Hams Respond to Western PA Tornados
Western Pennsylvania Hams Respond as Tornado Sweeps Through Area
TAGS: amateur radio station, funnel cloud, ham station, national weather service, net control, nws office, severe thunderstorms, severe weather
At approximately 4:30 on the afternoon of Wednesday, March 23, severe thunderstorms started to roll into Westmoreland County, Pennsylvania, producing golf ball-sized hail and heavy winds. Members of the Westmoreland County Public Service/ARES® group began to meet on the W3CRC repeater in Derry, Pennsylvania, which serves as the main ARES®/SKYWARN repeater in Westmoreland County. Soon after, the National Weather Service issued a tornado warning for the area and the Public Service Net was opened formally at 5 PM. Walter Bashaw, W3ZEH, began taking check-ins and reports of severe weather, relaying them to the NWS in Pittsburgh.
“Hams reported a funnel cloud near the Fort Allen and greater Greensburg area to net control, and this information was reported to WX3PIT -- the Amateur Radio station at the NWS office in Pittsburgh -- 15 minutes before it was reported on the local TV stations,” ARRL Westmoreland County Emergency Coordinator Chuck Mills, W3YNI, told the ARRL. “The storm continued to move east toward Latrobe, where additional large sized hail was reported.”
Ralph Ofchinick, W3ZPI, and Jay Schall, KB3NSJ, activated the ham station at the Greensburg Emergency Operations Center, and continued to provide communications support. At 5:30 PM, a second, but not quite as strong storm, moved through the area, producing additional heavy rain and hail. Rick Varnise, K3EPV, deployed to a shelter in Hempfield Township that had been set up for victims of the tornado.
Mills said that the NWS classified the tornado as an F2 in strength, with winds topping 120 MPH. Many homes in the area were destroyed or damaged as the tornado continued along its seven mile path. Westmoreland County Deputy Emergency Management Coordinator Dan Stevens said that the tornado destroyed at least 30 homes and damaged at least 90. There were no reports of serious injuries.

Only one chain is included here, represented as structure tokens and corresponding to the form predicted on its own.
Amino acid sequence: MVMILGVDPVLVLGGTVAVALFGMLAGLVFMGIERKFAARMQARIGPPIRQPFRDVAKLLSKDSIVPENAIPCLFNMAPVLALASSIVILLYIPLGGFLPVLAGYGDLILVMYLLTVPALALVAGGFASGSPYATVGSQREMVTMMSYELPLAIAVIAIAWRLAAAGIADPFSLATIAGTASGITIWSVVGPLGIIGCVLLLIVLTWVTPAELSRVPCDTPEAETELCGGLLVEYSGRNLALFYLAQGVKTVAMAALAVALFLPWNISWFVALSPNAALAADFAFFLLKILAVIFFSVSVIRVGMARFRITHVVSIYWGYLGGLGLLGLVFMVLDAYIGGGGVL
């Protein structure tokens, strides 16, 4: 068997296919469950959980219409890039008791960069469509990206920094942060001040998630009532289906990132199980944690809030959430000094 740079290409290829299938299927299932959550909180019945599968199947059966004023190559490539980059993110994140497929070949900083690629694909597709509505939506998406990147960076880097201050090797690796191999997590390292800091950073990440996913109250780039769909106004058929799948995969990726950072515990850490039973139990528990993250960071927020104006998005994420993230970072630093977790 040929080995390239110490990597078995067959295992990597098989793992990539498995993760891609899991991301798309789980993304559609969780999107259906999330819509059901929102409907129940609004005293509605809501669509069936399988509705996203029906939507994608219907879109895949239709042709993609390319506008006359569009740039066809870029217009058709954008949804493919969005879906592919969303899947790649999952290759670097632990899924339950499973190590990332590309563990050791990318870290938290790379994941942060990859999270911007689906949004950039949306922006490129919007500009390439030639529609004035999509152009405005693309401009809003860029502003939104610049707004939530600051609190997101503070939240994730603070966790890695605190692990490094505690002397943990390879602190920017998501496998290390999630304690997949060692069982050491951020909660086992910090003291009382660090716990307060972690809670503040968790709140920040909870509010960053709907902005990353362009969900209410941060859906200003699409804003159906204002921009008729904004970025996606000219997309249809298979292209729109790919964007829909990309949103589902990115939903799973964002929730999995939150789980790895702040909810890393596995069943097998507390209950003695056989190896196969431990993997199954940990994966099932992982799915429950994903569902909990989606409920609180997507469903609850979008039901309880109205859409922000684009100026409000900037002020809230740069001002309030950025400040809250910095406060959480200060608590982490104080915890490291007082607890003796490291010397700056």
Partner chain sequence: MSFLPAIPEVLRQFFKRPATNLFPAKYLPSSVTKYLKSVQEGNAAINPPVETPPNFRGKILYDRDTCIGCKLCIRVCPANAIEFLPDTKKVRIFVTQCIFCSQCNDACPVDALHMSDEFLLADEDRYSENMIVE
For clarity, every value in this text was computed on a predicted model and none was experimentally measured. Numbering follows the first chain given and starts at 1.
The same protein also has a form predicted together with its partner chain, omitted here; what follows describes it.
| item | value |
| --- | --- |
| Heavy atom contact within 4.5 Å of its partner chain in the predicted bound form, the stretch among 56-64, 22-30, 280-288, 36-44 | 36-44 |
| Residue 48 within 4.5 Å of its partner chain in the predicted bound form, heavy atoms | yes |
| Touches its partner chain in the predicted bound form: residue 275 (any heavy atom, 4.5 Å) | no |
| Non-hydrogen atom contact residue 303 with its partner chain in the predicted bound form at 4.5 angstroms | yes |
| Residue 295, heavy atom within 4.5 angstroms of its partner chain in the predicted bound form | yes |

This sounds very much like what our Pine Valley Repeater Amateur Radio Club does when hazardous weather approaches Richland County in Wisconsin. Our EOC Communication Room is quickly manned and ready, and a list of available trained ham radio Storm Spotters is soon logged in. This happens quite often during the spring hazardous weather season.
Richland Center, WI, is host to one of the largest 3 day country/western concerts in the Midwest, and during one such concert, our Storm Spotters were called out due to severe weather approaching. Because of the reports by our radio operators, the concert grounds were cleared of over 10,000 people, and just as the storm hit, the last of the people were leaving the grounds. As a result, no one got hurt due to flying lawn chairs and other debris, lightning, or the resulting hail stones, some of where were as large as golf balls.
It is reassuring to know that ham radio operators are on duty during such storms.
"There were no reports of serious injuries" This is a good thing ! Always good to be of service to the community. We do the same here in northern Illinois, McHenry county, as do many others. Thanks to all for their hard work and and continued support.
I have to give credit to the local media on the fact that they where very fast on picking up on this storm Many TV stations in the Pittsburgh area (our local tv stations) stopped or really interrupted most programing and gave us locals very fast and accurate information on the progress of this storm. That i think had a lot to do with the "There were no reports of serious injuries" As we had a lot of advanced warning. My wife works at the Hempfield school that was hit. And said they was informed of the storms possible strength before the day ended and that to was a huge help. Hats off to every one that helped in this storm. (ps) any one want a 8x10 shed that has a roof full of golf ball sized holes through the roof i have just such of a animal
De Oppresso Liber.
Indeed it was a good day for Western PA Skywarn. I was listening to the Allegheny Co. net on 147.09 on the way home from work and heard about it there and was able to tell my parents (one who was a ham) before KDKA had announced anything.
I just had an HT in the car, so I likely wouldn't have made it to the repeater, but it gave lots of good information of where to avoid so I didn't get my car made into a golf ball.
Kudos to those involved.
Glad it was the shed and not your honored self!
Originally Posted by N3JBH
Golf ball size hail?
That would cause a headache big enough your aspirin would have to be the size of a washtub!